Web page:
1994 May Shape Up As a Turbulent Year On Wall Street


THE slow and steady pace of the stock market in recent months just may be the ``calm before the storm,'' some financial experts say.

``Everything is just pretty slow right now,'' says Hildegard Zagorski, a market analyst with Prudential Securities Inc. ``The market has had the [Martin Luther King Jr.] holiday [and] then it became diverted with the terrible earthquake out in California. So stocks have sort of been on hold for awhile.'' But the steadiness and calm will probably not be the norm in the weeks and months ahead, she adds.

With the exception of the gold market, 1993 was characterized by relatively steady financial markets in the United States. The strong worldwide demand for gold - particularly in Asia, where inflationary fears have prompted investors to channel cash assets into gold - has sent the price up and down throughout the year.

The stock market, meanwhile, continued to gain throughout 1993. With some exceptions when the market (or individual stocks) shot up or down in turbulent trading, the overall pattern was ``not at all like the `bad old days' of program trading,'' Ms. Zagorski says. With program trading, large institutional investors could send major market indexes plummeting with computerized sell orders. Now, the New York State Exchange has put a ``collar'' on program trading, momentarily halting computerized trading if the market falls 50 points.

But experts say there may be more volatility in the stock market in 1994. It will be very hard for the market to duplicate the steady pace of 1993, according to Dennis Jarrett, chief market analyst for Kidder, Peabody and Company, an investment house. The market will have a good correction this year - possibly 10 percent or more, he says. But the correction may not be as mild as most analysts anticipate, Mr. Jarrett says. Although many pundits say a correction will occur during this first quarter, Jarrett says no one can assume when it might happen.

Last year broke new records for low stock market volatility, says David Shulman, chief investment strategist for Salomon Brothers Inc., a financial house. There was a 9.8 percent difference between the high and low on Standard & Poor's 500, Mr. Shulman says. The prior record for stability, set in 1992, was 11.8 percent. Since 1934, the average has been around 28 percent.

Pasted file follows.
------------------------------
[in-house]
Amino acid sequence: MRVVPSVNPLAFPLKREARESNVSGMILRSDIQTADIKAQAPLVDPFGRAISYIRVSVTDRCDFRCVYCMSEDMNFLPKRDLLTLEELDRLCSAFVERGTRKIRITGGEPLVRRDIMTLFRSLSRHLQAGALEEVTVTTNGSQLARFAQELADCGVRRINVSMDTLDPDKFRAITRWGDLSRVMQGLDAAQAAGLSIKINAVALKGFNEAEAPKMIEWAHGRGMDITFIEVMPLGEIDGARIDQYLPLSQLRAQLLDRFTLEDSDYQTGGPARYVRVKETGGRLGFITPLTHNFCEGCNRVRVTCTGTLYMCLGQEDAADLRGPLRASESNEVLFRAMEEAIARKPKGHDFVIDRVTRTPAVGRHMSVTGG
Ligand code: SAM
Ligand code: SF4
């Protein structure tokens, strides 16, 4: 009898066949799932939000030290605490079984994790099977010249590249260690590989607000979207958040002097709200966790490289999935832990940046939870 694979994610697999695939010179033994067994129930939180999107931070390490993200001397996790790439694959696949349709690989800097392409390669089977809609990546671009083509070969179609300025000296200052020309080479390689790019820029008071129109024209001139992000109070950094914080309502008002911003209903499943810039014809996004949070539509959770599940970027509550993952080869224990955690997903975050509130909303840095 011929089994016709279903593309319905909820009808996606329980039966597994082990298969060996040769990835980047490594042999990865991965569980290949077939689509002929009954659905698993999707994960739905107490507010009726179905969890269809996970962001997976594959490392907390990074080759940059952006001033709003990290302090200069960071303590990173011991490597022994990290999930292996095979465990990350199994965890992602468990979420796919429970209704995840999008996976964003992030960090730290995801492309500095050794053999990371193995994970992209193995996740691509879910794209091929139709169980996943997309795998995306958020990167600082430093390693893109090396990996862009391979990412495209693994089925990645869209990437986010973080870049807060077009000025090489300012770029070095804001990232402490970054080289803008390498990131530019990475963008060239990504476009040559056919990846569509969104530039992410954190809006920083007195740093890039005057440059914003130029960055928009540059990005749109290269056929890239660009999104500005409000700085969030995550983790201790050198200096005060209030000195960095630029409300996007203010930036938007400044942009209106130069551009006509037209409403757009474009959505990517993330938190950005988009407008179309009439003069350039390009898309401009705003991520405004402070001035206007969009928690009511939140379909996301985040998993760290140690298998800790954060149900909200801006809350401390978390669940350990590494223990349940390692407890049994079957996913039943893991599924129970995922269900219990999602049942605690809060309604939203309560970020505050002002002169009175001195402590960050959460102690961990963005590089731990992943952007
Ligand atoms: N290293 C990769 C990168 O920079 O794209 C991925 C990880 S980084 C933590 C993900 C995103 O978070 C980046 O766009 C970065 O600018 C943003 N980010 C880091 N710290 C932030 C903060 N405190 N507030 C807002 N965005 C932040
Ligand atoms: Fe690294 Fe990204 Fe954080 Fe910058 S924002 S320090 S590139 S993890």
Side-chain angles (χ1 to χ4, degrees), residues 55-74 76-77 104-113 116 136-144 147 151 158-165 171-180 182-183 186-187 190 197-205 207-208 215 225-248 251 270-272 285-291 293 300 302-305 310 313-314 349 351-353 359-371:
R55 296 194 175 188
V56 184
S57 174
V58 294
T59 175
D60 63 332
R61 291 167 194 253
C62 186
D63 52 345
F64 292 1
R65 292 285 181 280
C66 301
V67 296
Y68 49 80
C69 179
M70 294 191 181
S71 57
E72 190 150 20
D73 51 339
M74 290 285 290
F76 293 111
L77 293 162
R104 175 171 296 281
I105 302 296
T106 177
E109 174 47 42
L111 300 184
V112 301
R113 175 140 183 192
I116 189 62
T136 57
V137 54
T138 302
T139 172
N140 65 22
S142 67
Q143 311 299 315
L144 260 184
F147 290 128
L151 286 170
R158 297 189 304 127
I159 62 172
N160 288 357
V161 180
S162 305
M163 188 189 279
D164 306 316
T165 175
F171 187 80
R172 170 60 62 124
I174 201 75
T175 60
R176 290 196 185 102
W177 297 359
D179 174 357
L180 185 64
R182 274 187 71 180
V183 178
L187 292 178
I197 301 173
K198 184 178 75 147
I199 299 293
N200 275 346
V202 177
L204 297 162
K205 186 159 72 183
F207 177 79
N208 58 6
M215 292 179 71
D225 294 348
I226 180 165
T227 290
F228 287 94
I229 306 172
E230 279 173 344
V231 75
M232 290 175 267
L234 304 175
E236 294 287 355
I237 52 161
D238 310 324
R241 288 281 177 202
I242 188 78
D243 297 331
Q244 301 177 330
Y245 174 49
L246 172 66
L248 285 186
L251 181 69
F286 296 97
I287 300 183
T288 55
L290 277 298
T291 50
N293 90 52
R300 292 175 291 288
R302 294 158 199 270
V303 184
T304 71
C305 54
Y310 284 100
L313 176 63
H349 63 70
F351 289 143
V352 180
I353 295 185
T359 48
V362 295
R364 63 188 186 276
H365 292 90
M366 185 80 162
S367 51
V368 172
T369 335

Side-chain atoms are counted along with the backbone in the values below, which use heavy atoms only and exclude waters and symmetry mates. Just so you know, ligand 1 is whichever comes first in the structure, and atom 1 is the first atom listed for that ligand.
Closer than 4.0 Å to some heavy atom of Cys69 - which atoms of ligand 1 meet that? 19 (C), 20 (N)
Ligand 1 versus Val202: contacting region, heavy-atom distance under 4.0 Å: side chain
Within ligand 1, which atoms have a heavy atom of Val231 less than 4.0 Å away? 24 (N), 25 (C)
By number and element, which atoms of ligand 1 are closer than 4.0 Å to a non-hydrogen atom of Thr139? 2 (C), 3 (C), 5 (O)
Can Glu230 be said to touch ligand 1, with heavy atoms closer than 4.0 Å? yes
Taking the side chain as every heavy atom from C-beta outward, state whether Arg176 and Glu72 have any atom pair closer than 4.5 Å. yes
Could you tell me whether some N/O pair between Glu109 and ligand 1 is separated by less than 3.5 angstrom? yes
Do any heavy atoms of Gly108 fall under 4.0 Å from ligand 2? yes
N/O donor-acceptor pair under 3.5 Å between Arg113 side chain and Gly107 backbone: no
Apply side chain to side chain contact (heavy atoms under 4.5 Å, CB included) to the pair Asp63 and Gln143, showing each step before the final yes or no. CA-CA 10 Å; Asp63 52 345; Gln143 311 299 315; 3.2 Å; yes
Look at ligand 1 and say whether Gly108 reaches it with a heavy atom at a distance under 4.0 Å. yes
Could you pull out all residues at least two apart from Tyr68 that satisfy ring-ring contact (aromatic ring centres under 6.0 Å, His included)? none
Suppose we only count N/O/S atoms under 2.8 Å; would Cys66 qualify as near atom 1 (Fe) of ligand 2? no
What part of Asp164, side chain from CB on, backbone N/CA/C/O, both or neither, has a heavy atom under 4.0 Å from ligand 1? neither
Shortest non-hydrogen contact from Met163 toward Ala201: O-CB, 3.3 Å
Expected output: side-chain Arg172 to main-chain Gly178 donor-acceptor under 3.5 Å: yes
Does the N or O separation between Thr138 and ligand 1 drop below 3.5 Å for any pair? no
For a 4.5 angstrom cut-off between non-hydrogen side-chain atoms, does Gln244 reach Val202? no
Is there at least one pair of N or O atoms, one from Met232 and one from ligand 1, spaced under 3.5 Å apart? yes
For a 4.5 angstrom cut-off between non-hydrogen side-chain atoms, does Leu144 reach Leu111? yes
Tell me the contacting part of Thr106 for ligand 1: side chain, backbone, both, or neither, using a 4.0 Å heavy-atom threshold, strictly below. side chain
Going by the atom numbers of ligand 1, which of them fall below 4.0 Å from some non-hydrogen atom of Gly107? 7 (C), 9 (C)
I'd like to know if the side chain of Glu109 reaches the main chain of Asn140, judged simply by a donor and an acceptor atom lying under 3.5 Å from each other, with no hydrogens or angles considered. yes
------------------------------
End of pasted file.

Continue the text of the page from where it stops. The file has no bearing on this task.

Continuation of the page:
Salomon Brothers is concerned about a recurrence of market volatility in 1994, Shulman says. The investment house maintains a cautious stance toward asset allocation, he says, favoring an allocation of 45 percent in stocks, 30 percent in bonds, and 25 percent in cash. A likely rise in short-term interest rates could create even more volatility, Salomon Brothers concludes. The company also says ``an unsettled international environment'' could increase market volatility.

Several global events could rock the stock market, including a possible ``financial meltdown'' in Japan and political turbulence in Russia, says Eric Miller, chief investment officer of Donaldson, Lufkin & Jenrett Inc. But these events are not highly likely, Mr. Miller points out in a recent study.

What is more likely, market strategists say, is volatility between stock sectors. But that internal shift of assets, where investors shift monies between different types of stocks, especially among mutual funds, would not necessarily be reflected in wide swings on the blue chip market, as measured by the Dow Jones industrial average.

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